Oestrogenic subterranean clover pastures - identification and management

Page last updated: Friday, 15 July 2022 - 9:27am

High levels of oestrogenic subterranean clovers occur in some medium to high rainfall pastures of Western Australia. These clovers can contribute to problems with sheep reproduction (often referred to as clover disease) that can reduce productivity and profitability of livestock enterprises.

The Department of Primary Industries and Regional Development and the University of Western Australia, with funding from Meat & Livestock Australia, have recently released a guide to help producers identify oestrogenic clover varieties and outlines steps to mitigate the risk of clover disease.

Subterranean clover (Trifolium subterraneum L) is the main annual pasture legume in southern Australia, covering over 29 million hectares. A number of older varieties of subterranean clover contain high levels of the oestrogenic compound formononetin in their green leaves that is detrimental to sheep reproduction. These clovers (notably Dwalganup, Dinninup, Yarloop and Geraldton) can cause temporary and permanent infertility, reduced lambing percentages, uterine prolapse and dystocia (difficult births) in ewes, as well as increased lamb and ewe mortality – collectively termed 'clover disease'.

Dwalganup
Dwalganup: very similar to Dalkeith. Distinctive features - cescent with white arms, leaf often has a fold, hairy runner, slight pink calyx, brown flush in winter, early flowering
Dinninup
Dinninup: prolific seed setter. Distinctive features - cescent with white arms, leaf often has a fold, hairy runner, slight pink calyx, brown flush in winter, early flowering
Yarloop
Yarloop: adapted to water logging. Distinctive features - no cescent, only white arms, green calyx to 1/4 tube, long calyx fringe, brown flush midrib, hairless runner and leaf, cream to amber seed
Geraldton
Geraldton: adapted to lower rainfall. Distinctive features - narrow, triangular, distinctly spaced leaflets, hairy runner, red calyx, band leaf mark and often brown flush midrib

Many medium to high rainfall pastures of south-west Western Australia are based on these older cultivars of subterranean clover. Although, the classic symptoms of clover disease that characterised the disease up until the 1970s are reported less often, oestrogenic clovers likely still cause widespread subclinical infertility. This is most commonly observed as increased dry ewe percentages at scanning, or unexpected low lambing percentages due to a decline in ewe fertility.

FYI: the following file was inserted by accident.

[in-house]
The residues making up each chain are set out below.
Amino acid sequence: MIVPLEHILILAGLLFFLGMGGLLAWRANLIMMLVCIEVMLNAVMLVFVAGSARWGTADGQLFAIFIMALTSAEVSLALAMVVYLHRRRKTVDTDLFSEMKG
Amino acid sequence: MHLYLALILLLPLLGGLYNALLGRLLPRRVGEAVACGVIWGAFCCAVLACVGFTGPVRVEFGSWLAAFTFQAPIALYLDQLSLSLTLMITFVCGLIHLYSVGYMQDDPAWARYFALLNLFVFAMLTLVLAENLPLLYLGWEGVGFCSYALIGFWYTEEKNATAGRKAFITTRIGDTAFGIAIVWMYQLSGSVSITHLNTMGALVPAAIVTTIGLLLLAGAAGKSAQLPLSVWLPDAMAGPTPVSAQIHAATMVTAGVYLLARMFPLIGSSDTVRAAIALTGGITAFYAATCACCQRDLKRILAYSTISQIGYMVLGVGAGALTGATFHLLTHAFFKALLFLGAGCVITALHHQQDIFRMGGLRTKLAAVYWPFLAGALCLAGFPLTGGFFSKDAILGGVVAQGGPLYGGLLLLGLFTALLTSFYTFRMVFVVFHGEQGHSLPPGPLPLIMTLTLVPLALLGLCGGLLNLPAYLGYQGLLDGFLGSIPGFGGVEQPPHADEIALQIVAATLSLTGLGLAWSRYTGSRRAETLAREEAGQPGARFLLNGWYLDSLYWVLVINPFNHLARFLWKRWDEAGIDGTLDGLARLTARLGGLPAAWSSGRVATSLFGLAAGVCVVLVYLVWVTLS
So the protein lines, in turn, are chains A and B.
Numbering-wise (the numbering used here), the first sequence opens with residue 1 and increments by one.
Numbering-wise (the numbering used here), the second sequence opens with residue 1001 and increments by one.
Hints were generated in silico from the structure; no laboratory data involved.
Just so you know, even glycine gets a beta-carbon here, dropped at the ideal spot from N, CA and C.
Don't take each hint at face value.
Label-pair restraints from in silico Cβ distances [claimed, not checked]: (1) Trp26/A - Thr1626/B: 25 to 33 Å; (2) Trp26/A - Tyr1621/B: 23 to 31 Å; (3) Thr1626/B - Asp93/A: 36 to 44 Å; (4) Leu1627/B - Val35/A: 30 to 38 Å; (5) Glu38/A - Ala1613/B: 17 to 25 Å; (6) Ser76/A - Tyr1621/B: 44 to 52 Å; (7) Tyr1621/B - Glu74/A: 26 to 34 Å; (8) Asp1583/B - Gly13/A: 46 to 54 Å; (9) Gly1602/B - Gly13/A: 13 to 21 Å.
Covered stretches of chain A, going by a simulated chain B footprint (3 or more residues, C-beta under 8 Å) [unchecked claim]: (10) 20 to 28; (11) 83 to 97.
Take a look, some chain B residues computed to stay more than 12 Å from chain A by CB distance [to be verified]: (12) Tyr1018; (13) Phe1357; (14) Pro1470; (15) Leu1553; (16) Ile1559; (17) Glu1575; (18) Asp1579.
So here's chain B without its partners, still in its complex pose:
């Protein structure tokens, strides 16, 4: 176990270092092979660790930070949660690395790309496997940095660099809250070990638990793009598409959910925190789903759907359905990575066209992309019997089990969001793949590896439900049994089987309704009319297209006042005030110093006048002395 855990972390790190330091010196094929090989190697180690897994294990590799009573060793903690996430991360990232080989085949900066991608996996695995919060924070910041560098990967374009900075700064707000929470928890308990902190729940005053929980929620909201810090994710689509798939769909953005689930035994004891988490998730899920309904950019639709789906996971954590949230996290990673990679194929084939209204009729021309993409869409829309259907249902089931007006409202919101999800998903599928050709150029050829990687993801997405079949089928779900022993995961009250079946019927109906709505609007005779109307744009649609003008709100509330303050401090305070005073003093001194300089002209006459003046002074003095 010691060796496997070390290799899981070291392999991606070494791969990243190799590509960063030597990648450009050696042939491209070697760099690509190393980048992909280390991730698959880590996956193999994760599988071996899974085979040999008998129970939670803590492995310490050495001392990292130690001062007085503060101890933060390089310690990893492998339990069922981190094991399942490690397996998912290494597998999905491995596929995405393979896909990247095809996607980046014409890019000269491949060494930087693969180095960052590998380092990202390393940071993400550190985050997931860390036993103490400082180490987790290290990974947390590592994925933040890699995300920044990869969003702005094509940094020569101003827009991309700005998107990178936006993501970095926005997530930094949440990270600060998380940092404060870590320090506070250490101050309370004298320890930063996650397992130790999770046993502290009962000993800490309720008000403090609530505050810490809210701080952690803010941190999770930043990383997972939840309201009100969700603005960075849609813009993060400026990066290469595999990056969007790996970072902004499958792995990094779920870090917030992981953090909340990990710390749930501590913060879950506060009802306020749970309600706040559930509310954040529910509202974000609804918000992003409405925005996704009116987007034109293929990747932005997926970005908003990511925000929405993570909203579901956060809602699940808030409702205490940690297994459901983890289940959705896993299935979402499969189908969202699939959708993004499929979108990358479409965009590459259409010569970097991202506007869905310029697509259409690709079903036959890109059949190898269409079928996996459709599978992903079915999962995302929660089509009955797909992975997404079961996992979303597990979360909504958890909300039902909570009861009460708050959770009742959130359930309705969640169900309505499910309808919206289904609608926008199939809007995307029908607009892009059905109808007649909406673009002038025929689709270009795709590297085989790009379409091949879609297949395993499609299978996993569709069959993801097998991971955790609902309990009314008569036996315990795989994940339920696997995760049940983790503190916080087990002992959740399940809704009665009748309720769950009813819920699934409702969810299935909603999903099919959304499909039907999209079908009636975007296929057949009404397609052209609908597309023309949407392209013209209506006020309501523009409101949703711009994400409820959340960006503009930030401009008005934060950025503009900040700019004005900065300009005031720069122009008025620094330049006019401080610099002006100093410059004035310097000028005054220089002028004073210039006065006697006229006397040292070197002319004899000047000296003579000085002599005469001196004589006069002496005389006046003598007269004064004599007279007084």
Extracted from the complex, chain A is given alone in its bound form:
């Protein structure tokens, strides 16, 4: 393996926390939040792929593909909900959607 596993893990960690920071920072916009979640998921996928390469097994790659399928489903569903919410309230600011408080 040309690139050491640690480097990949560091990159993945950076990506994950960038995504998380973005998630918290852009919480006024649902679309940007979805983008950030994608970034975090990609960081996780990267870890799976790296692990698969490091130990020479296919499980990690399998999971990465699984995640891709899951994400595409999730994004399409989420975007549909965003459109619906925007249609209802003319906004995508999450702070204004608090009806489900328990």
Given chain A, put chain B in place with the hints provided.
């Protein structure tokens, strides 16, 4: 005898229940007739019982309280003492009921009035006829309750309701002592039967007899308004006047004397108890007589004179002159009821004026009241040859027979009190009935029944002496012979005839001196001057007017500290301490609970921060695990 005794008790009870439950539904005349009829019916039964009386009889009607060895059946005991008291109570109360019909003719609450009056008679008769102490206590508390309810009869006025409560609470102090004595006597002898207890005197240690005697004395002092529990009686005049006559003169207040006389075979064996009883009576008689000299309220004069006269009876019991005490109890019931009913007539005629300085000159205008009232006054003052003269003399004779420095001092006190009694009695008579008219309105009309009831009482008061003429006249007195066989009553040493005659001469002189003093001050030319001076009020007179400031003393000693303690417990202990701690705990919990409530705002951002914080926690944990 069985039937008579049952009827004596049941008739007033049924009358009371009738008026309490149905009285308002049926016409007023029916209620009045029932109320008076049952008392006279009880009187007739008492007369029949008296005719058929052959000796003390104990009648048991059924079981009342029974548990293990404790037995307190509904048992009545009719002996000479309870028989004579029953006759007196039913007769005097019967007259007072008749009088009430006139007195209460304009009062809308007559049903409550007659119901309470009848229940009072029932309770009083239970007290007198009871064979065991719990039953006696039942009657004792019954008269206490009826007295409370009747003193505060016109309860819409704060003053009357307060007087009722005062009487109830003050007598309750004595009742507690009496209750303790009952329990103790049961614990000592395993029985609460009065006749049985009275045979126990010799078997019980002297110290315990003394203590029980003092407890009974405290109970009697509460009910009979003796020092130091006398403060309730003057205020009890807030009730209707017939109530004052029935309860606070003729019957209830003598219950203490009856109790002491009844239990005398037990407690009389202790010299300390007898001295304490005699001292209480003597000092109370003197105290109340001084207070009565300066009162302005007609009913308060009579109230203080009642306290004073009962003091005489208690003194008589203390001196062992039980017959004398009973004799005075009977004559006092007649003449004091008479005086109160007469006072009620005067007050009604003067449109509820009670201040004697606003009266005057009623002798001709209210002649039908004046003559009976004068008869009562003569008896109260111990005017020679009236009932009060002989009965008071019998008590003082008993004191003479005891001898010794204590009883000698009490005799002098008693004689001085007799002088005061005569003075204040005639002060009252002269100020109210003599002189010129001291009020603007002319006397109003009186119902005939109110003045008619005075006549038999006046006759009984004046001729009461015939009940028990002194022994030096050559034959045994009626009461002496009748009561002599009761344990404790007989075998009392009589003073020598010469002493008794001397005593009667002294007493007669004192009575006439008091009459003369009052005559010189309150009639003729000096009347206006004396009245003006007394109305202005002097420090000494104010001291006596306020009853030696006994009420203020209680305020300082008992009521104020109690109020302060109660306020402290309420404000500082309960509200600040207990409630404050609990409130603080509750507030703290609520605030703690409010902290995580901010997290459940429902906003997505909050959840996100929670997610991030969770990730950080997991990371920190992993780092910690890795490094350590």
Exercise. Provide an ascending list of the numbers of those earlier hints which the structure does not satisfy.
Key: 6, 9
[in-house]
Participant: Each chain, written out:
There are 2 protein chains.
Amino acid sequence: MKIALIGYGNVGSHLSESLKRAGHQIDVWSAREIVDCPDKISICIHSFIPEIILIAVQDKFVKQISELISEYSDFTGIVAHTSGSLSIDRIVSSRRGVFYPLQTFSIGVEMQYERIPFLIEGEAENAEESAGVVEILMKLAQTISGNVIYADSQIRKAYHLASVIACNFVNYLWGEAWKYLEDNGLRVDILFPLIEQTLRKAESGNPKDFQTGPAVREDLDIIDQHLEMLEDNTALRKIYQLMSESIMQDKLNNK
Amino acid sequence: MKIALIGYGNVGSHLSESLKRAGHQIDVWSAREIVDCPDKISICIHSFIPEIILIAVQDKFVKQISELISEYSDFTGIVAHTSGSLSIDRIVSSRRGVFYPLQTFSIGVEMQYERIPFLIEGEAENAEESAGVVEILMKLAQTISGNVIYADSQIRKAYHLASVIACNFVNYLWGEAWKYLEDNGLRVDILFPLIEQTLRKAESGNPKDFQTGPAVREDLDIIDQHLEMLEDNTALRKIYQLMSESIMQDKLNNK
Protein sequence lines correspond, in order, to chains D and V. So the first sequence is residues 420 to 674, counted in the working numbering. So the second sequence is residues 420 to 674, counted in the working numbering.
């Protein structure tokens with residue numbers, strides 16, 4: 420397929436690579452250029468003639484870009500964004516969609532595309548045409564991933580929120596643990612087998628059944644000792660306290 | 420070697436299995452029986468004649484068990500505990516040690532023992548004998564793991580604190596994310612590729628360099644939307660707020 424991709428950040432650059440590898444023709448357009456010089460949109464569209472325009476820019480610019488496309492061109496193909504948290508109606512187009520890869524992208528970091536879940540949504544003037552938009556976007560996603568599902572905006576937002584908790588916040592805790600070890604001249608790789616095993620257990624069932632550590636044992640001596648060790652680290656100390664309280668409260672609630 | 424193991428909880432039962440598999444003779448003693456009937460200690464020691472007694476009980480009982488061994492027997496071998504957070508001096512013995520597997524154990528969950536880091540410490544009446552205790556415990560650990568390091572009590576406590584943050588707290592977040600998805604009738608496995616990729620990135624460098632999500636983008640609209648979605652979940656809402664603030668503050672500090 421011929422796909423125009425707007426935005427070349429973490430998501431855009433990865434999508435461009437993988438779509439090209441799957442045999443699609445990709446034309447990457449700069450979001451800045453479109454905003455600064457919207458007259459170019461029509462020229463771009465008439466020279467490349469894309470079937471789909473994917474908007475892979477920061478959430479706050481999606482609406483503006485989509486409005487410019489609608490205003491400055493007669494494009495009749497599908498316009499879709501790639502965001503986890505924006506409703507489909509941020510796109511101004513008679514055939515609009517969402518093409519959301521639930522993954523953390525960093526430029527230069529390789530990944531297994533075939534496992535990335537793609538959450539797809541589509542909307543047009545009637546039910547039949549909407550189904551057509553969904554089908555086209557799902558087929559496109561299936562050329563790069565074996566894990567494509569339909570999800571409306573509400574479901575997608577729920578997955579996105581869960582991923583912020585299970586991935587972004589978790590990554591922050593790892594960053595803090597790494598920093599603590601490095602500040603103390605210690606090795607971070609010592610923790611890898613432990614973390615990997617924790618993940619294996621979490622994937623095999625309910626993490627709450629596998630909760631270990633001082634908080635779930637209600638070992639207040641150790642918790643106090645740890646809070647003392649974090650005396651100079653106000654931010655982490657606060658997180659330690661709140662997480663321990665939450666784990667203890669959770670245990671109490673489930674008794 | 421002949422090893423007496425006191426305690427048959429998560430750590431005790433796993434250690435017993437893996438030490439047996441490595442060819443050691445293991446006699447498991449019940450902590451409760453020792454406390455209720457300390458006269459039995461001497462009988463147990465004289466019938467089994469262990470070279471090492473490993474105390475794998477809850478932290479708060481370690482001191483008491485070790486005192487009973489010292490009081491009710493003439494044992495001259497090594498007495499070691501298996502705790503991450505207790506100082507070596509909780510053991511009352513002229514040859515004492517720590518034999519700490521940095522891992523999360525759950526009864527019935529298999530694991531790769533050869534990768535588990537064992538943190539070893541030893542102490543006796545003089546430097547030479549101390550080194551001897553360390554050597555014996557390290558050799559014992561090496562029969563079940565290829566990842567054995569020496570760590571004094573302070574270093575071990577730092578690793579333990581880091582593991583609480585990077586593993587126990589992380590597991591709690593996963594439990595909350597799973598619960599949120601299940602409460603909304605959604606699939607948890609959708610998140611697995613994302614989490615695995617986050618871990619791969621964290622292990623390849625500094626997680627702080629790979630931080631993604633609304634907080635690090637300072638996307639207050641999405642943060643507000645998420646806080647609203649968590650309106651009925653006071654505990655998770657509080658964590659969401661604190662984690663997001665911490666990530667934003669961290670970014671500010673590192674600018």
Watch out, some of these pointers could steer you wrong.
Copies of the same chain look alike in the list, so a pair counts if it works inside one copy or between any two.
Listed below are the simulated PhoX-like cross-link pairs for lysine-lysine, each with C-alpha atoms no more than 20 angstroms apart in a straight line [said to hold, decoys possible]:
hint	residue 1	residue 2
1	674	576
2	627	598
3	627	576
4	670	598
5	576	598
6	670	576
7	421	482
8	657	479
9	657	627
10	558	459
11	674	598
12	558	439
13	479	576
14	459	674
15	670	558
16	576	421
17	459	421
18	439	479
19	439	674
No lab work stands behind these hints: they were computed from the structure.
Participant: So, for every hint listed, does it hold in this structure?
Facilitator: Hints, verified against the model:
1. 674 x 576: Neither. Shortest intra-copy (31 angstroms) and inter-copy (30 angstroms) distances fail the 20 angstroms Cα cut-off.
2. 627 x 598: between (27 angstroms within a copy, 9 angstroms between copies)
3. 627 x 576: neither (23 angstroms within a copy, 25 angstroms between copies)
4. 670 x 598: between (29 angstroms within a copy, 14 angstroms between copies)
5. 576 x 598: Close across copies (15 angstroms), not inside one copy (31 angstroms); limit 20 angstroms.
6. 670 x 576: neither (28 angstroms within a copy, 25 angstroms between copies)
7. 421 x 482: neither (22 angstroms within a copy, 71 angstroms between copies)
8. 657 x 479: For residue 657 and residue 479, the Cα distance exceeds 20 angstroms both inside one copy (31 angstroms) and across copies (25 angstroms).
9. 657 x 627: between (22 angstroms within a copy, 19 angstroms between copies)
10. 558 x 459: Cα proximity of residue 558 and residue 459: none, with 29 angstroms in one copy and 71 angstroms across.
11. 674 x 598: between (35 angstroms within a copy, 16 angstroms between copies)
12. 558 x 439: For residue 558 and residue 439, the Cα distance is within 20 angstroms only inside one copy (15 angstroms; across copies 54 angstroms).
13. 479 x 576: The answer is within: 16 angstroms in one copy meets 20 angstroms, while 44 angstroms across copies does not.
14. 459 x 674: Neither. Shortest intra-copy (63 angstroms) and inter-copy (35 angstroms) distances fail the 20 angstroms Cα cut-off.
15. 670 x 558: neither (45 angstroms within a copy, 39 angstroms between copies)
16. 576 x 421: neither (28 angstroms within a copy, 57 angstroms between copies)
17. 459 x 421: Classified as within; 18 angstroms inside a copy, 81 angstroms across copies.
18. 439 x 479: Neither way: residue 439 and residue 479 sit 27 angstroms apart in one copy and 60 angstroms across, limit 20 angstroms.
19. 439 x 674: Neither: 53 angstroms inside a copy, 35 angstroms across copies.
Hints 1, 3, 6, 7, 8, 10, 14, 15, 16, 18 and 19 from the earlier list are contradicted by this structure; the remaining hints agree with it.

There are also clinical conditions resulting from oestrogenic clover intake in the wether (castrated male). In wethers there can be swelling of the bulbourethral gland, lactation and blocked urethra which can lead to mortalities. Rams were previously reported to be unaffected by phytoestrogens, however the impact of exposure on male reproduction is less well understood and this research is continuing.

An ability to identify the subterranean clover cultivars with high oestrogen levels in a mixed pasture is the first step to mitigate the risk of clover disease in sheep. If the oestrogenic clover varieties dominate the pasture, then steps will need to be taken to reduce the seed bank of these varieties and resow the pasture with new varieties that have been bred for low levels of formononetin.

The Department of Primary Industries and Regional Development and the University of Western Australia, with funding from Meat & Livestock Australia, have recently released an online factsheet and ute guide to help producers identify oestrogenic clover varieties, assess their pastures and provides guidelines for management. 

To access the ute guide:

Contact information

Paul Sanford
+61 (0)8 9892 8475